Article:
[Editor’s note: As Californians, we’re used to dealing with a dry climate and the threat of drought. While state officials from Gov. Arnold Schwarzenegger on down have been sounding the alarm on water shortages, the South Coast response has been more muted and seemingly less urgent. To help Noozhawk readers understand what it means for them, we had our staff wade into the issue. First in a series. Click here for the second installment. Click here for the third installment. Click here for the fourth installment.]
Southern California has always been an arid place, but these times are particularly dry, and the water forecast across the Golden State is grim.
However, thanks to the gigantic rain catcher known as Lake Cachuma, the state water woes have largely bypassed the South Coast — for now.
How long will the good times last? That depends mostly on the rain, because the man-made miracle known as the State Water Project, which transports water south from Northern California on a highway of a canal known as The California Aqueduct, can’t be relied upon, local water experts say. And the last six months in Santa Barbara have been unusually dry.
This year, the State Water Project has been plagued by a confluence of unfortunate circumstances. A two-year dry spell has prompted Gov. Arnold Schwarzenegger to declare a statewide drought. A court order to protect fish such as the endangered delta smelt has constricted the amount of state water that can be extracted from the Sacramento-San Joaquin River Delta. Hotter-than-usual temperatures have melted snowpacks in the Sierra Nevada too rapidly to turn much of the runoff into usable water.
In cities like Agoura Hills and Calabasas in Los Angeles County, it’s illegal for residents to hose down their driveways, or for restaurants to serve customers a glass of water unless they ask for it. In Oakland, water rates rose by 10 percent in early July.
But on the South Coast, despite the bone-dry conditions of the past six months, the alarm bells, with few exceptions, have been silent.
Our relative good standing can be explained in no small part by a freakish spell of January rain that filled the South Coast’s primary reservoir — Cachuma — to the brim. To this day, it remains virtually full.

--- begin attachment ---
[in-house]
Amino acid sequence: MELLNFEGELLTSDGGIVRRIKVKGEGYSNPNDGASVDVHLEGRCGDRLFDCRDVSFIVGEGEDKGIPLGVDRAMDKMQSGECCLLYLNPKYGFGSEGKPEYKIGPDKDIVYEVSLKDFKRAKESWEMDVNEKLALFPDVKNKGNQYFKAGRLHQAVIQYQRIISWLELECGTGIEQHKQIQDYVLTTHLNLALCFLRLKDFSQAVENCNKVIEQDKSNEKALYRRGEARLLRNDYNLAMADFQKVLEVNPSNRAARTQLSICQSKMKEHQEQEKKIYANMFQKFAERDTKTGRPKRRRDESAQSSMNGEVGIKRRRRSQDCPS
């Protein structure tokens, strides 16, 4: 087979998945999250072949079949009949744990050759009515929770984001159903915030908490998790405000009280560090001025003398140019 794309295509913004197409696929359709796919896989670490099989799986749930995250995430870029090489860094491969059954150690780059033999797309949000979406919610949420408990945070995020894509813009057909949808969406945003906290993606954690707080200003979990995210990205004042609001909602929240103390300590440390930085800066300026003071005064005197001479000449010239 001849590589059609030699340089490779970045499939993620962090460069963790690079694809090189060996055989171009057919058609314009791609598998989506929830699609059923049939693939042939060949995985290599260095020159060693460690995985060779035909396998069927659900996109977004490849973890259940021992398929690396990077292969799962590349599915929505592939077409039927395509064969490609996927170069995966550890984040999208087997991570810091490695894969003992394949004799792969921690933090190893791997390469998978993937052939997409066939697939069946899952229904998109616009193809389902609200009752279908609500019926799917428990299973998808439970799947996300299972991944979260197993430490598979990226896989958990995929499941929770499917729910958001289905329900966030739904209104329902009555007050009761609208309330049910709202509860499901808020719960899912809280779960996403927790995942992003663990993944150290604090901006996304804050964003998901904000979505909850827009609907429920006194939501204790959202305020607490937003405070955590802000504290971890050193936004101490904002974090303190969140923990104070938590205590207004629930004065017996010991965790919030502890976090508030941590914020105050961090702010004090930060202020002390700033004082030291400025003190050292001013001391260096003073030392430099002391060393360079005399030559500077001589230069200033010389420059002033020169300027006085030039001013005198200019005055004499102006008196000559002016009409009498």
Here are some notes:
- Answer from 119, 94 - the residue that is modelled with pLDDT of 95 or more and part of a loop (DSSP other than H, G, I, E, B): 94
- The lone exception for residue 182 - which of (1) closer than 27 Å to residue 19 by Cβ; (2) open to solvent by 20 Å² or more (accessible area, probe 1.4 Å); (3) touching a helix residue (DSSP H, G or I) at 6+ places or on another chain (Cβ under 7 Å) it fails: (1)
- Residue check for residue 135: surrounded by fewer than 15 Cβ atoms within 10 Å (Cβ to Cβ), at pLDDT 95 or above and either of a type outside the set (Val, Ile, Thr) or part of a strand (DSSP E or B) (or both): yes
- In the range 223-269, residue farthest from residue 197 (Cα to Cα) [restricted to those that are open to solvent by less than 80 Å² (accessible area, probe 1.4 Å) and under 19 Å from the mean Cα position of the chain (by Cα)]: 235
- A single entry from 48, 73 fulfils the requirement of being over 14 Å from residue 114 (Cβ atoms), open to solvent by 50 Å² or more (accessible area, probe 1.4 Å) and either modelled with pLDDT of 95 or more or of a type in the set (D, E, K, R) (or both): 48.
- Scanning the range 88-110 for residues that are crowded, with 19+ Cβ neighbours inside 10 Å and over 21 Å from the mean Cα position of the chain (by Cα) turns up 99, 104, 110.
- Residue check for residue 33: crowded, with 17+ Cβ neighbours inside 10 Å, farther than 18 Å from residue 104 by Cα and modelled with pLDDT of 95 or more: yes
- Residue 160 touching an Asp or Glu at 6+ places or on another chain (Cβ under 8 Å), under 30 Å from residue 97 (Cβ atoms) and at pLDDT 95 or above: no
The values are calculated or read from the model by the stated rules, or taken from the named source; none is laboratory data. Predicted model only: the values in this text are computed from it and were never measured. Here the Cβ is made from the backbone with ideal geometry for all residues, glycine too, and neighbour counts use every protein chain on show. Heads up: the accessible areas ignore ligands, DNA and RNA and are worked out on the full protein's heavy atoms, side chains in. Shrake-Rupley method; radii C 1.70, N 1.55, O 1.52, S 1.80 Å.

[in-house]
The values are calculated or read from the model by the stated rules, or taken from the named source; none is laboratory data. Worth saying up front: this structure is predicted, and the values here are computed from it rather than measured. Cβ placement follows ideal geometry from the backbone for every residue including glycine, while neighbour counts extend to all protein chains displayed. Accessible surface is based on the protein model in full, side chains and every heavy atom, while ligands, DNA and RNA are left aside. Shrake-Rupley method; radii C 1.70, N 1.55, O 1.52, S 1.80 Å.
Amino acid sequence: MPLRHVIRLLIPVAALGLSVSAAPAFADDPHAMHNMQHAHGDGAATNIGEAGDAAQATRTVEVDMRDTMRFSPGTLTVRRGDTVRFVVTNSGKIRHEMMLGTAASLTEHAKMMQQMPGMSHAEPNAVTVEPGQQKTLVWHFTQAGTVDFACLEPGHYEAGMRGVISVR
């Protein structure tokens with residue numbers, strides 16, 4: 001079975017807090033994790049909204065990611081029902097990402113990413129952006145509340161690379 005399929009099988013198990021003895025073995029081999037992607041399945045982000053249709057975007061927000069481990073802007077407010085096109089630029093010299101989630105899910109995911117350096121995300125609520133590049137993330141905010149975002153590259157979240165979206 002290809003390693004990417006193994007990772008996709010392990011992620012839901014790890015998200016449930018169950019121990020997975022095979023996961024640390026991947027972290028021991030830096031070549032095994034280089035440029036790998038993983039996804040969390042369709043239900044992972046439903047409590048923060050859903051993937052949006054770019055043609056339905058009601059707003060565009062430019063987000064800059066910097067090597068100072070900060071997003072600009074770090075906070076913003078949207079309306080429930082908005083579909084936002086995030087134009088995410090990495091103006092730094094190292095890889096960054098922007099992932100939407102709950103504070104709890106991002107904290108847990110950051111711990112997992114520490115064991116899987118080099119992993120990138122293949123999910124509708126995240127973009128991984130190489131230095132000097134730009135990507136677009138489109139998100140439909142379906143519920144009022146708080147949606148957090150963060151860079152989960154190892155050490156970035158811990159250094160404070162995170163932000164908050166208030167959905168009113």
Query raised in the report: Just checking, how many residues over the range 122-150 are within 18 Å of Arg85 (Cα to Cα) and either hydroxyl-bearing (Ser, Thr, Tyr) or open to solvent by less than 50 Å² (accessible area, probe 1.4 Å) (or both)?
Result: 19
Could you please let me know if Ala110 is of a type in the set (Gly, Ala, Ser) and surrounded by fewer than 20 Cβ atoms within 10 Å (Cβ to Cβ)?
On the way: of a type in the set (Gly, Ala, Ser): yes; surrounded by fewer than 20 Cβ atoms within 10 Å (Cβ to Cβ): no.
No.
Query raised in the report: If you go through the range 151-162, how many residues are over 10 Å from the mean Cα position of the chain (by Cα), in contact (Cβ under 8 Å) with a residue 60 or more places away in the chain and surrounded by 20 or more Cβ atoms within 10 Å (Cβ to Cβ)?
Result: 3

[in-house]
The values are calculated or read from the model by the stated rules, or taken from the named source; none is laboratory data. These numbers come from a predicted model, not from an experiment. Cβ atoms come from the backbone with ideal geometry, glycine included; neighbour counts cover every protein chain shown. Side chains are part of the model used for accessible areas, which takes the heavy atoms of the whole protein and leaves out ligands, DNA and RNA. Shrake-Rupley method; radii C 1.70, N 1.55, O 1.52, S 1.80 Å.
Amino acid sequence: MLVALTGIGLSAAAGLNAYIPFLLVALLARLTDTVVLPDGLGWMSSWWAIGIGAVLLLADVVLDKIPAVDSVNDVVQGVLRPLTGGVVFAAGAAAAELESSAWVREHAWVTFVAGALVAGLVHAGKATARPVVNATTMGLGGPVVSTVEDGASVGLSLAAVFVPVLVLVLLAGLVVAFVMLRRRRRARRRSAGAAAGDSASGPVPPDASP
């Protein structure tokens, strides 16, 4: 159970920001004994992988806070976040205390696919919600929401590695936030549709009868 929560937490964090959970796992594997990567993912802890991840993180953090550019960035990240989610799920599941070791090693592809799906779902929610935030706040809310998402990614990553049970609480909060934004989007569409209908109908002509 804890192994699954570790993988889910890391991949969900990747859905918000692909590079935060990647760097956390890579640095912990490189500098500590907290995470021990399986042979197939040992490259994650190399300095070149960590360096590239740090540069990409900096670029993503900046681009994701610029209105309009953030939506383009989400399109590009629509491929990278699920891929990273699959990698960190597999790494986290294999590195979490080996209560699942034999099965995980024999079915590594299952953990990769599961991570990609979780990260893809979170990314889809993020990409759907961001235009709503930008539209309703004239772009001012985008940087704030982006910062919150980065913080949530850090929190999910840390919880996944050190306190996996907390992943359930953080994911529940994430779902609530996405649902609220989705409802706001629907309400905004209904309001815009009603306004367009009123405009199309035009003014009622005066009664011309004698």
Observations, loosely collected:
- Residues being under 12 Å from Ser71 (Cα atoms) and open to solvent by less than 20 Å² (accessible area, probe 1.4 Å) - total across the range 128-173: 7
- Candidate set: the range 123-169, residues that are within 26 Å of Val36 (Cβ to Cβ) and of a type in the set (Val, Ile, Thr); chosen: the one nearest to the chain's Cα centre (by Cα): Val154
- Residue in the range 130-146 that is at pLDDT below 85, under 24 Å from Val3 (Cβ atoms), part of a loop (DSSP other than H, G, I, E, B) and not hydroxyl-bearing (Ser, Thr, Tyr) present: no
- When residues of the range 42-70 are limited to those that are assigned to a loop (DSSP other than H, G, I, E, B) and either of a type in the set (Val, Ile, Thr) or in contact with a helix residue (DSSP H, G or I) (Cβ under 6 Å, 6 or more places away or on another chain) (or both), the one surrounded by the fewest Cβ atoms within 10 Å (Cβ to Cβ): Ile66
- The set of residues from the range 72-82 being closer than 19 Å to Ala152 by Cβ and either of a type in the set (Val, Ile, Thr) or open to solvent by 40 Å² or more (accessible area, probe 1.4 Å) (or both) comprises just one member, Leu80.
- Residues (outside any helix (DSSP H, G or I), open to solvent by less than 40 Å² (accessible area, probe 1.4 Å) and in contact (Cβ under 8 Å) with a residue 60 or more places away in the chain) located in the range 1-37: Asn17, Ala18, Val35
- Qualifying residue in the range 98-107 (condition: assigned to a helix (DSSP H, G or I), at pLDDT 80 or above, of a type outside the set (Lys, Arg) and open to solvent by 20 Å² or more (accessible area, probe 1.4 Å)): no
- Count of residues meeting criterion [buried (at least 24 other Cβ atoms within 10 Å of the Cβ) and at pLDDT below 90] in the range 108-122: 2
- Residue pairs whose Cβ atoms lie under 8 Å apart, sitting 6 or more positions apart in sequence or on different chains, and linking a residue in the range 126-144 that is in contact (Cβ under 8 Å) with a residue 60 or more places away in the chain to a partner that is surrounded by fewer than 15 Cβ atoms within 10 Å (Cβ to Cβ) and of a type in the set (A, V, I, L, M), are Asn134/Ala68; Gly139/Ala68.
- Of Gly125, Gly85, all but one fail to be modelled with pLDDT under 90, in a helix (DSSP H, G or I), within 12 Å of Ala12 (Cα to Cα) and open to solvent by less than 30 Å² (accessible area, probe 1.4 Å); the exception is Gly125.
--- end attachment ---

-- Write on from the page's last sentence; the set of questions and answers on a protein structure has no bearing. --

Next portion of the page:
“That will keep (most of the South Coast) from really being in bad shape for some time,” said Bill Brennan, manager of the Central Coast Water Authority. “It will protect the South Coast usually through five years of a drought.”
That means the lake currently contains at least three years’ worth of water, because California is officially in its second year of drought, he added. (Santa Barbara County is not experiencing an official drought.)
But some local water experts warn against complacency, saying the troubles at the State Water Project aren’t going away anytime soon.
“The delta smelt is just a harbinger of things to come,” said Arve Sjovold, a Santa Barbaran who sits on the board of Water For California, a nonprofit organization that focuses on conservation. “It’s not an isolated, freakish event. As far as I know, they’re not even close to remediating the Delta.”
What’s more, he said, the dry years are too frequent to ensure reliable deliveries.
“We have to conserve water down here,” Sjovold said. “The most effective way is to price it higher.”
The State Water Program began in the 1950s, when it became apparent that the water aquifers in the parched climes of Southern California would not be sufficient to serve the booming communities in the aftermath of World War II. Designed by the state Department of Water Resources, the system serves drinking water to some 23 million people.
The project’s most stunning feature might be the California Water Aqueduct, a 444-mile-long stretch of man-made channel that transports water to Lake Perris east of Anaheim from the Sacramento San-Joaquin Delta. (San Diego gets most of its water from the Colorado River, not the State Water Project.)
Luckily, most of the water agencies on the South Coast — with exception of the districts serving Montecito and Hope Ranch — do not rely heavily upon the state program for their water, drawing just a small percentage from it for their total supply.
But there’s no telling when the next local drought will hit.
The Rainfall Factor
Officials note that the January downpour has been sandwiched between two remarkably dry spells.
The past five months have witnessed a return to the near desert-like conditions that characterized 2006-07 water year — the driest in more than 100 years for the city of Santa Barbara.